*** RESERVED *** The miraculous 1944 Immediate Military Medal George VI group to a South Wales Borderer sevely wounded at Zetten, resulting in the amputation of both legs. Consisting of: to 4074894 Pte. S.G. Lewis, S. Wales Bord.; India Medal with North West Frontier 1936-37 clasp to 4074894 Pte. S.G. Lewis, S. Wales Bord.; 1939-45 Star; France & Germany Star; WWII Defence Medal; WWII War Medal. Accompanied by an archive of original material including two Certificate of Service red booklets, letter from Lewis describing in detail how he came to be severely wounded, Ministry of Pensions document listing the extent of Lewis' injuries and a large quantity of photographs and postcards, many with dates and explanations to the reverse.

M.M. Gazetted 5 Apr 1945: "At ZETTEN on 21 Dec 1944, Pte. Lewis was a stretcher bearer with "A" Coy. During the afternoon this Company's HQ was attacked by a strong enemy patrol. At the time Pte. Lewis was outside the HQ in a house across the road. Endeavouring to make his way back he found himself and his Company. The enemy fired at him wounding him through the leg and also through the back. However, by diving into the back of a pigsty he evaded capture. During the afternoon "A" Coy was withdrawn to a new position. That night the enemy once more came back to the position and occupied the houses opposite to where Pte. Lewis was hiding. There might well have been some excuse if Pte. Lewis, unarmed, badly wounded, in an icy temperature, surrounded by floods and quite isolated from our troops, had given himself up to the enemy. But this was in no way in keeping with the high standards of this soldier and utterly out of harmony with his own great personal bravery, loyalty and devotion to duty. During that night and on the following one our patrols sent out to locate Pte. Lewis failed to do so, but reported signs of enemy occupation. On this information the area was shelled by our own artillery. Finally, four days later, having observed the enemy and ascertained that the enemy withdrew from their post in daylight, Pte. Lewis decided to come back towards our lines. Fortune favoured his indomitable spirit for he was seen by the Commanding Officer who was with one of our patrols and they went out, lifted him from the ice and water and carried him safely back. To return to our lines after this ordeal, which was made no easier by our own shelling, and when the enemy were in the immediate vicinity, demanded of Pte. Lewis the highest courage and devotion to duty. In these he was not wanting and thereby denied the enemy an important identification and returned with valuable information."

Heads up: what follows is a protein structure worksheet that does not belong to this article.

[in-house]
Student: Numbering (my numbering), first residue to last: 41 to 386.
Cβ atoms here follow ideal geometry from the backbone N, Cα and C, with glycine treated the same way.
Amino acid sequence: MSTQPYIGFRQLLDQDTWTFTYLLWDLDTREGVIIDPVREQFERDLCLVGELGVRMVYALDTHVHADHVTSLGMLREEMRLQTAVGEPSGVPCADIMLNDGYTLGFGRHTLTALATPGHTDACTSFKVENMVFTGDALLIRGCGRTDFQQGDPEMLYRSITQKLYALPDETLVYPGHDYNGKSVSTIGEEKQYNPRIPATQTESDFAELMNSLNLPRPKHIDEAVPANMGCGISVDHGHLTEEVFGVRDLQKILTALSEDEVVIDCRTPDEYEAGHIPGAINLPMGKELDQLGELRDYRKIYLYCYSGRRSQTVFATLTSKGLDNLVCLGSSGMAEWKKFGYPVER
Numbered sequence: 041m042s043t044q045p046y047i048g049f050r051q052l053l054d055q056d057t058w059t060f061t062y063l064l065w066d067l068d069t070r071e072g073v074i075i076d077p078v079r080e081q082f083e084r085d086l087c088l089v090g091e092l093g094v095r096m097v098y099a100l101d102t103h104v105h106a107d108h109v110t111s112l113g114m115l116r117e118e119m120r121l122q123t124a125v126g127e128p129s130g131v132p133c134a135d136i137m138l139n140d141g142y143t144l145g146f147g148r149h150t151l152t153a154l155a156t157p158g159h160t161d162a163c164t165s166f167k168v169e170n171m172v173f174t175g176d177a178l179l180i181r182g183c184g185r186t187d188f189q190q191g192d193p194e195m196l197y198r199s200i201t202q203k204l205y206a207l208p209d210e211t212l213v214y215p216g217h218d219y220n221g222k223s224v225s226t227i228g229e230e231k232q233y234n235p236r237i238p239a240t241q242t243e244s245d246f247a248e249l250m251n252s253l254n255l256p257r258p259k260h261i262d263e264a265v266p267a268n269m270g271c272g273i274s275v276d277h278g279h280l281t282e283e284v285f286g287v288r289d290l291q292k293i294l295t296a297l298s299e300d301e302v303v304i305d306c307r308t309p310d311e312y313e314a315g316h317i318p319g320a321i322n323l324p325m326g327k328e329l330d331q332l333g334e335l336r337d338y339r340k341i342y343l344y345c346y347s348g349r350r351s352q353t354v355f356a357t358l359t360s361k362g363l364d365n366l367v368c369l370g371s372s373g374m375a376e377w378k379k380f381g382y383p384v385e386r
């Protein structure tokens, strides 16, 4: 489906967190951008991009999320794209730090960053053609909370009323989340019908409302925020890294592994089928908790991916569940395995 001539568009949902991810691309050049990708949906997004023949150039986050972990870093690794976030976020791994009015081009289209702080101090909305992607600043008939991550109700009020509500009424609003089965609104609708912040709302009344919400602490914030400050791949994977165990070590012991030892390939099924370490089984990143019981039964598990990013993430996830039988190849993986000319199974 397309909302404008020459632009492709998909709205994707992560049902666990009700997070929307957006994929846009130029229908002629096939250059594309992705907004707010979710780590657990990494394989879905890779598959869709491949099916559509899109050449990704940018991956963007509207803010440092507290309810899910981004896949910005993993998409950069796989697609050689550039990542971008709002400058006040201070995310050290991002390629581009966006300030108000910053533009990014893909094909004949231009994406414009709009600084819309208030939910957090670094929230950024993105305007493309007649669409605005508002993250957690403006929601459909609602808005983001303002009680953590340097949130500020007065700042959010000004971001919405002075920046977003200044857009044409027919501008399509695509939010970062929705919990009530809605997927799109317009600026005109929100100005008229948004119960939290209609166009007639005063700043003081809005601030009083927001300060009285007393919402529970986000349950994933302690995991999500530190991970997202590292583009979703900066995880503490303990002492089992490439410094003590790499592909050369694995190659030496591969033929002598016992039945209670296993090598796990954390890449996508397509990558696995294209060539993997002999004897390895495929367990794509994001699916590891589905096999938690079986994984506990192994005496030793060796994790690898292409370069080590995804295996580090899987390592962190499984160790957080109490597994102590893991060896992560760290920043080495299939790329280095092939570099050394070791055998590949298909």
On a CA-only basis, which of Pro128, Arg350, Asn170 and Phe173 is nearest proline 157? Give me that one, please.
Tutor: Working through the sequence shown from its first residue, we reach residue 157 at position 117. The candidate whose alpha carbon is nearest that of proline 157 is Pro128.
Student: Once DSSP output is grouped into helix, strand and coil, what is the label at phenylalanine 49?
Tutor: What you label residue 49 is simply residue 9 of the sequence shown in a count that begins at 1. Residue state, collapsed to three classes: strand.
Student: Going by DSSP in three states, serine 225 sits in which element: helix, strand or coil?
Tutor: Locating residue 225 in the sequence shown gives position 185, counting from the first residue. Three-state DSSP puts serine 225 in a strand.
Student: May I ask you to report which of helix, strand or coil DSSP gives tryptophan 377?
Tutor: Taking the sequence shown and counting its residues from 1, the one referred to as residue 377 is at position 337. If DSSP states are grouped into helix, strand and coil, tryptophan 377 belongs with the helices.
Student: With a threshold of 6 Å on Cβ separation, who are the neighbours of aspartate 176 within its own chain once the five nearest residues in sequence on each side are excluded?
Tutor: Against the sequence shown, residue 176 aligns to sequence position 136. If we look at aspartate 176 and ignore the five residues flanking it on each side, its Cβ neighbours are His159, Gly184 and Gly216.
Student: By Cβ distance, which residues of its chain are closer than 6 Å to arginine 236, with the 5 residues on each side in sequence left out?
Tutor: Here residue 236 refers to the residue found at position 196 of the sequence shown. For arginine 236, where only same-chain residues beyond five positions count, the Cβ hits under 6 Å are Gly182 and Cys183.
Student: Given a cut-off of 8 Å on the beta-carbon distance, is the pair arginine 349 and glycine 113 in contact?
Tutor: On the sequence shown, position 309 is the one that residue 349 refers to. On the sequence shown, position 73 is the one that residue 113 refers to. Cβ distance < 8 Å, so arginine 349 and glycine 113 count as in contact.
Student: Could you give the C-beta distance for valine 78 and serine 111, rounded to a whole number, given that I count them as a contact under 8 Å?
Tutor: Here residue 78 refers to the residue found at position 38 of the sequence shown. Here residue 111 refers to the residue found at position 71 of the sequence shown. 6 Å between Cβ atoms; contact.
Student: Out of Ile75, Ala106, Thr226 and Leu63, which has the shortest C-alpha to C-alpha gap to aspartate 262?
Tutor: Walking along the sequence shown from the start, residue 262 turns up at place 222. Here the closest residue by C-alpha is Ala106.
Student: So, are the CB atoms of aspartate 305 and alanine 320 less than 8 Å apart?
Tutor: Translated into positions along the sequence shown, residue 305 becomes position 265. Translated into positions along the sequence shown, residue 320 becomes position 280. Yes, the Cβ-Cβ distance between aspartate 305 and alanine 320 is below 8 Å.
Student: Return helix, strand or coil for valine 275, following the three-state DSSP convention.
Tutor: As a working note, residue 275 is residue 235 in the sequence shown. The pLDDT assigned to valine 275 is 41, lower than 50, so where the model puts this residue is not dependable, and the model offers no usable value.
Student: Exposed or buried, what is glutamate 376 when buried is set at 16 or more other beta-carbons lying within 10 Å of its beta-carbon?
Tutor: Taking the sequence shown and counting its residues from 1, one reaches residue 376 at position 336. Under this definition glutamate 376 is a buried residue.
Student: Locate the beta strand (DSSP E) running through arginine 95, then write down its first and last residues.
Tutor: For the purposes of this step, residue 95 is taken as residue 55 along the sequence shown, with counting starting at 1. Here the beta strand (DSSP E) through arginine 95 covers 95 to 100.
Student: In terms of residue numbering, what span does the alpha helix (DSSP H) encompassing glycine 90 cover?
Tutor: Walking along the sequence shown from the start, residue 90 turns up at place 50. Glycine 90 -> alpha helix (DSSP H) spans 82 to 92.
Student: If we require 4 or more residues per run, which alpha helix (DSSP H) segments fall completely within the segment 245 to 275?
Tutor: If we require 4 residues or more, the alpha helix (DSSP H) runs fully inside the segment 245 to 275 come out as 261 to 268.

Lewis was carried in 'more dead than alive' according to Battalion records and the list of his wounds was extensive: 'Gun Shot Wound Left Leg with Amputation Below Knee and Gun Shot Wound Right Leg with Amputation Above Knee.' His personal account is as follows: "We landed at Arromanches on 'D' Day June 6th 1944 and went through France & Belgium into Holland and got as far as Nymegen and on to Elst. By this time the dykes had been blown and we were almost under water. We had to go back to Zetten because of the heavy flooding. During this spell of action I became wounded - I heard an explosion, being a stretcher bearer I rushed to see if any of my comrades had trodden on a mine, but instead was confronted by a German raiding party. I turned to run, but was shot in the back and legs. I dragged myself to a pigsty and I had to stay there because the Germans occupied the houses across the road. After two days I dragged myself to the house close by and lived on apples which were floating in water. Knowing I was just about finished, I made an effort to try to get on to the road which was frozen. I went, as I thought, some little way, but the ice gave way and I was up to my neck in water. I knew I could go no further, but by a stroke of luck there was an Observation Post looking in my direction. It was my own Battalion, a patrol was sent out and I was picked up. It was Christmas Day. My first leg was amputated at Eindhoven and my stomach wound dressed and the same day I was picked up. I was flown to England on New Year's Day 1945 and had my second leg amputated at the airfield hospital."


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